Forbes had an article about the difficulty of relying on nursing homes to take care of our loved ones. “When your loved one is admitted to a nursing facility, you are at their mercy. There is a significant imbalance of power in many ways and many families may find themselves feeling completely lost.”
We expect that the people with the most experience will hold our hands and help us through this difficult period, however, this is not always the case. Unfortunately, the situation for seniors continues to deteriorate and, as family members try to grapple with mounting issues it can take a toll on their relationships.
One of the first things you should determine is whether there is a clear chain of command at the nursing home. Immediately find out who you should contact with all of your questions. If they rattle off different names in different departments, INSIST that you work with ONE person to avoid confusion.
Not only are there a lot of moving parts in nursing homes but there may be a high turnover rate among employees. Who you spoke to yesterday may be gone tomorrow. As such, try to maintain contact with the highest level staff member and know who you need to go to as a backup.
In workplaces where employees come and go, you may notice that a lot of people are confused about their own roles. Whether the staff members are new, poorly trained or even disinterested in their job, this is problematic because you are relying on these people for information.
To combat this issue, again, try to discuss things with one person and document every single interaction. To make this easier, consider making email your primary mode of contact. You will have a written record of everything that has been said which may come in handy if a dispute ever arises (and it probably will).
Not to sound like a broken record but nursing homes really do struggle to keep employees, especially the good ones. You may quickly discover how much this affects the quality of care at many different levels.
From poorly maintained rooms to poorly maintained records, an understaffed senior residence can be a dangerous place but there may be little that you can do. Sadly, this isn’t an uncommon issue and seniors could be left feeling neglected. Be friendly with the staff and show them you are invested. This will send the message that you are kind but also vigilant.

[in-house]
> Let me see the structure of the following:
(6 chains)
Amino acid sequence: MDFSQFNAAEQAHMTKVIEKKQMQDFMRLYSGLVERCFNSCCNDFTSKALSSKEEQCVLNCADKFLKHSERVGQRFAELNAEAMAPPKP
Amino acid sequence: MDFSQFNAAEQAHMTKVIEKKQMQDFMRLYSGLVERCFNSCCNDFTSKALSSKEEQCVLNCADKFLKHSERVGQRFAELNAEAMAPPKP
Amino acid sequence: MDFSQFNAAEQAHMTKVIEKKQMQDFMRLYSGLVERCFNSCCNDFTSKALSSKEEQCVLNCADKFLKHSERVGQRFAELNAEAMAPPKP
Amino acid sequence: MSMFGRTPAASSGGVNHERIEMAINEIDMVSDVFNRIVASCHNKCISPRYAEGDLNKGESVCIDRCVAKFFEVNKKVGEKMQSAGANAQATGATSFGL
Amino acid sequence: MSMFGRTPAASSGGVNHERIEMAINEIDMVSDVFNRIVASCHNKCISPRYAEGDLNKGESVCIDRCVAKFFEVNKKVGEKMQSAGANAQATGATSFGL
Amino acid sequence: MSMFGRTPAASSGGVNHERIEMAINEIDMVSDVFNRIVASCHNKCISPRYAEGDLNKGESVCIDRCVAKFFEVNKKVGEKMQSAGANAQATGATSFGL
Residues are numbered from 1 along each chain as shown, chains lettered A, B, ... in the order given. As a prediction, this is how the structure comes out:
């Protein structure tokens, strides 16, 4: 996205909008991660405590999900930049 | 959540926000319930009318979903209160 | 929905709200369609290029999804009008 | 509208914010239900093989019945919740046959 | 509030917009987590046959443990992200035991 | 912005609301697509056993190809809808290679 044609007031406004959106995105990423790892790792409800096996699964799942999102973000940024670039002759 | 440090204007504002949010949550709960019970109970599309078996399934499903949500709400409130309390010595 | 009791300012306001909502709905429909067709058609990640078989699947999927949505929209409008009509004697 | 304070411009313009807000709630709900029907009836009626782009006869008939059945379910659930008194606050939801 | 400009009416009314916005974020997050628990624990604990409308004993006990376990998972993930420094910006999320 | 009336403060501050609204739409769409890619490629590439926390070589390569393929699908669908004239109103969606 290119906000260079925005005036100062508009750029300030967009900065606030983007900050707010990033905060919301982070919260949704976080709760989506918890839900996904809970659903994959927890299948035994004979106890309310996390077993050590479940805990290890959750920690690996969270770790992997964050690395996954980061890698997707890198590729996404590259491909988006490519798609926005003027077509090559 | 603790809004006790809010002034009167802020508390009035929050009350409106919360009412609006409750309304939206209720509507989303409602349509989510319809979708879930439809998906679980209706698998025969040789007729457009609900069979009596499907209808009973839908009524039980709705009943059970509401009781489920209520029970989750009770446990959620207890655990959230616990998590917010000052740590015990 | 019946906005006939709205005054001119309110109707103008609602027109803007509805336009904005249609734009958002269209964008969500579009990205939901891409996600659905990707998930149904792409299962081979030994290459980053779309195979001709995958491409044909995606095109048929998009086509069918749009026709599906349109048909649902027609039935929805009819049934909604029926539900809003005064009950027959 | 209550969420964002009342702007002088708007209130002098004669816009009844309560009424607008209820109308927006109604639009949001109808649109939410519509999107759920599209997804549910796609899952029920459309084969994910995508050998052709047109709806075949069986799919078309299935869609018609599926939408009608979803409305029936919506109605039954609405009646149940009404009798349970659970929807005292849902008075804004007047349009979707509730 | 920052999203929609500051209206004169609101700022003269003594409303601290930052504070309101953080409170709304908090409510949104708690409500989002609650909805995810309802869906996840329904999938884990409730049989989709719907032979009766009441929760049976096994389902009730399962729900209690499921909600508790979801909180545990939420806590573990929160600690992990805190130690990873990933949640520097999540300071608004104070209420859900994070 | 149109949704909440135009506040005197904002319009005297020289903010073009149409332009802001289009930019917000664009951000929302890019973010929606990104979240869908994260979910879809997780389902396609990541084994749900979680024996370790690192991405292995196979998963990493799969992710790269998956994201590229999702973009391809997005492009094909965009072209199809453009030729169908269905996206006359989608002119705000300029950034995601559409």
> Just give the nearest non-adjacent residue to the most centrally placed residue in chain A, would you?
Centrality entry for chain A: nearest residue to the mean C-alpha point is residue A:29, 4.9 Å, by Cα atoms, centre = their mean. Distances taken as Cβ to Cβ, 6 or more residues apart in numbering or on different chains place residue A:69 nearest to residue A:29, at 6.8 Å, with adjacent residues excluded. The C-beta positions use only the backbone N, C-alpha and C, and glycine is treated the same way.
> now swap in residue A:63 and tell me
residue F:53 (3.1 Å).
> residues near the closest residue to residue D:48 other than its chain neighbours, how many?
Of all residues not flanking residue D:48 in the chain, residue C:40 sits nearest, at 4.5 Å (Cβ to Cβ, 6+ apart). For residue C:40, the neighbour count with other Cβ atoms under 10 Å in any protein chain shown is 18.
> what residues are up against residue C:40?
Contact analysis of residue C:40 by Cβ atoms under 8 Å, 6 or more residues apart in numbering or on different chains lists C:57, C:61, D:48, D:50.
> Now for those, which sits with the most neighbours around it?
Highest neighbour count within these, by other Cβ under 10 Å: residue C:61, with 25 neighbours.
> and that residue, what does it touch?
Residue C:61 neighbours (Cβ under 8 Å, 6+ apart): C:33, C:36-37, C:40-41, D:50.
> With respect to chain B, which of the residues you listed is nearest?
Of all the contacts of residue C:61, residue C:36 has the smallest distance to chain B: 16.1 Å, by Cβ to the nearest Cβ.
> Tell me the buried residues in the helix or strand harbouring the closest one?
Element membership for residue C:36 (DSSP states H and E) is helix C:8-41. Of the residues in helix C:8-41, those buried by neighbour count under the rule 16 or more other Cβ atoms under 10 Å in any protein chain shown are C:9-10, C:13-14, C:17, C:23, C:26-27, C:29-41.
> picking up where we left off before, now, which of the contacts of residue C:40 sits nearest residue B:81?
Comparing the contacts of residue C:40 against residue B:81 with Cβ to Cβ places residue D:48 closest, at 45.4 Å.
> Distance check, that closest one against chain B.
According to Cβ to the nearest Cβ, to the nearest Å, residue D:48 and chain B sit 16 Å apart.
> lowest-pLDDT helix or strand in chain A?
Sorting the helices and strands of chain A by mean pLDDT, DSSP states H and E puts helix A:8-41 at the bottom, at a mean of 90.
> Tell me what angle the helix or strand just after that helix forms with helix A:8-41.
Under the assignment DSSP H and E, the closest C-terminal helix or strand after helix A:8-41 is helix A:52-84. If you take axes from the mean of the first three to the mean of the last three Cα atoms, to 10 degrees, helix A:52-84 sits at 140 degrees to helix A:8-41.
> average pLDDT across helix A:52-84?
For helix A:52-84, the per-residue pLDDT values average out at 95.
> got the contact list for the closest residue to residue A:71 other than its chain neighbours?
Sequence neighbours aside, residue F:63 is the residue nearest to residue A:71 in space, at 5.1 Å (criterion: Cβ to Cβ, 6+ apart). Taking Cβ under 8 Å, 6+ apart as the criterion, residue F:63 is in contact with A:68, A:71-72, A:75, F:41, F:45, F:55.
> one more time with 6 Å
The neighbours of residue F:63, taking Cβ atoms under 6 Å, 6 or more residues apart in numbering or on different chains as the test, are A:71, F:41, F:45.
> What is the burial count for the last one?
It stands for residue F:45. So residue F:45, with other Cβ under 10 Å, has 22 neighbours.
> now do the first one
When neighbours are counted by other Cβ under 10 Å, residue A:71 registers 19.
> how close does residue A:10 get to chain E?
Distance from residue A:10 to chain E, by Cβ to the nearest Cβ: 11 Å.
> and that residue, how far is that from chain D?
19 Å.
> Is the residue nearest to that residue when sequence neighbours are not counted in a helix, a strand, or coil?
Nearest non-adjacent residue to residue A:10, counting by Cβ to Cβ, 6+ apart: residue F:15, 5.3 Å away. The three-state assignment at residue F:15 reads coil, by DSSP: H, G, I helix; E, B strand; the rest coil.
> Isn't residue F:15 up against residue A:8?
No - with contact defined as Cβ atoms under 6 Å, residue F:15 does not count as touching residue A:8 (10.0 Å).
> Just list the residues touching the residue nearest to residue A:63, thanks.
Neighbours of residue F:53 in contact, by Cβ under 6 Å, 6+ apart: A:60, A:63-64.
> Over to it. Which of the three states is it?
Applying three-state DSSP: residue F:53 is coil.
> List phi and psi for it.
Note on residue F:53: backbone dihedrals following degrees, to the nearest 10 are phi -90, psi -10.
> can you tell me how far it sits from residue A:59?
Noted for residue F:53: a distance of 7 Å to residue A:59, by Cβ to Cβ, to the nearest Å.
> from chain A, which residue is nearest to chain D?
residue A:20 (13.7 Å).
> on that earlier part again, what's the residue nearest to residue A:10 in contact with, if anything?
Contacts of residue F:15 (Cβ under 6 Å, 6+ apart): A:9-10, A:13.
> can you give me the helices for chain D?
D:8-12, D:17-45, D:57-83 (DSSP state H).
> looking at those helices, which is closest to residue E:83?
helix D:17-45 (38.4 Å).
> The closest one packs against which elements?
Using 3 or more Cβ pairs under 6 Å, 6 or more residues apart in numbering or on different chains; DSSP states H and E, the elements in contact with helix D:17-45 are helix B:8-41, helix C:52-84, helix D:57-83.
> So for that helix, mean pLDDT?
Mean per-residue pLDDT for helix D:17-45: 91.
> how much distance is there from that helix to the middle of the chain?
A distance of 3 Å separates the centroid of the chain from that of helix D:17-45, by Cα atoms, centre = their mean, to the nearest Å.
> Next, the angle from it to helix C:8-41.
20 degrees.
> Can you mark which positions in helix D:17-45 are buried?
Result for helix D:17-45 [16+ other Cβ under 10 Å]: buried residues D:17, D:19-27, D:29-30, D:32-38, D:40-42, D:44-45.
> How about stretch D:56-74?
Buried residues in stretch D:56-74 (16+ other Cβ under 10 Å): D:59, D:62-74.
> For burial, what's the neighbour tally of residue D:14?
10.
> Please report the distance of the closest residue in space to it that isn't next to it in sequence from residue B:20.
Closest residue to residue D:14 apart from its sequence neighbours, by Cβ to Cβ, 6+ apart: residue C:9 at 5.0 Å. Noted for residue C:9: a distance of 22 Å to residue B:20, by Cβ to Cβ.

In the worst-case scenario, a nursing home resident can be physically or mentally harmed by negligent medical care. This, unfortunately, can have permanent consequences and may even result in their death. As a result, the anger and pain that stem from these situations can tear a family apart. By being proactive, however, you can improve your odds of a better experience.
What You Can Do
I’ve mentioned it once but I’ll say it again – document EVERYTHING. Do your best to keep important conversations restricted to email but, if you do have an in-person discussion, you can always follow-up with that person and recap everything that was said. Again, this provides you with a paper trail.
Do some research and contact every senior resource in your area including the Department of Social Services, Medicaid, Medicare and everything in between. Get the correct information from the source and double-check anything the nursing home tells you.
You can also enlist the help of the local Ombudsman and/or an attorney that specializes in elder law. Not only can they help you navigate this confusing time in your life but they can be especially helpful if anything goes wrong.
No matter what, understand that this is going to be a stressful chapter in your family’s history. Any problems that already existed could easily deepen under these circumstances. Try to always give each other the benefit of the doubt, listen with an open heart and focus your energy on making memories with your aging loved one. Everything can change in an instant so make the most of every moment.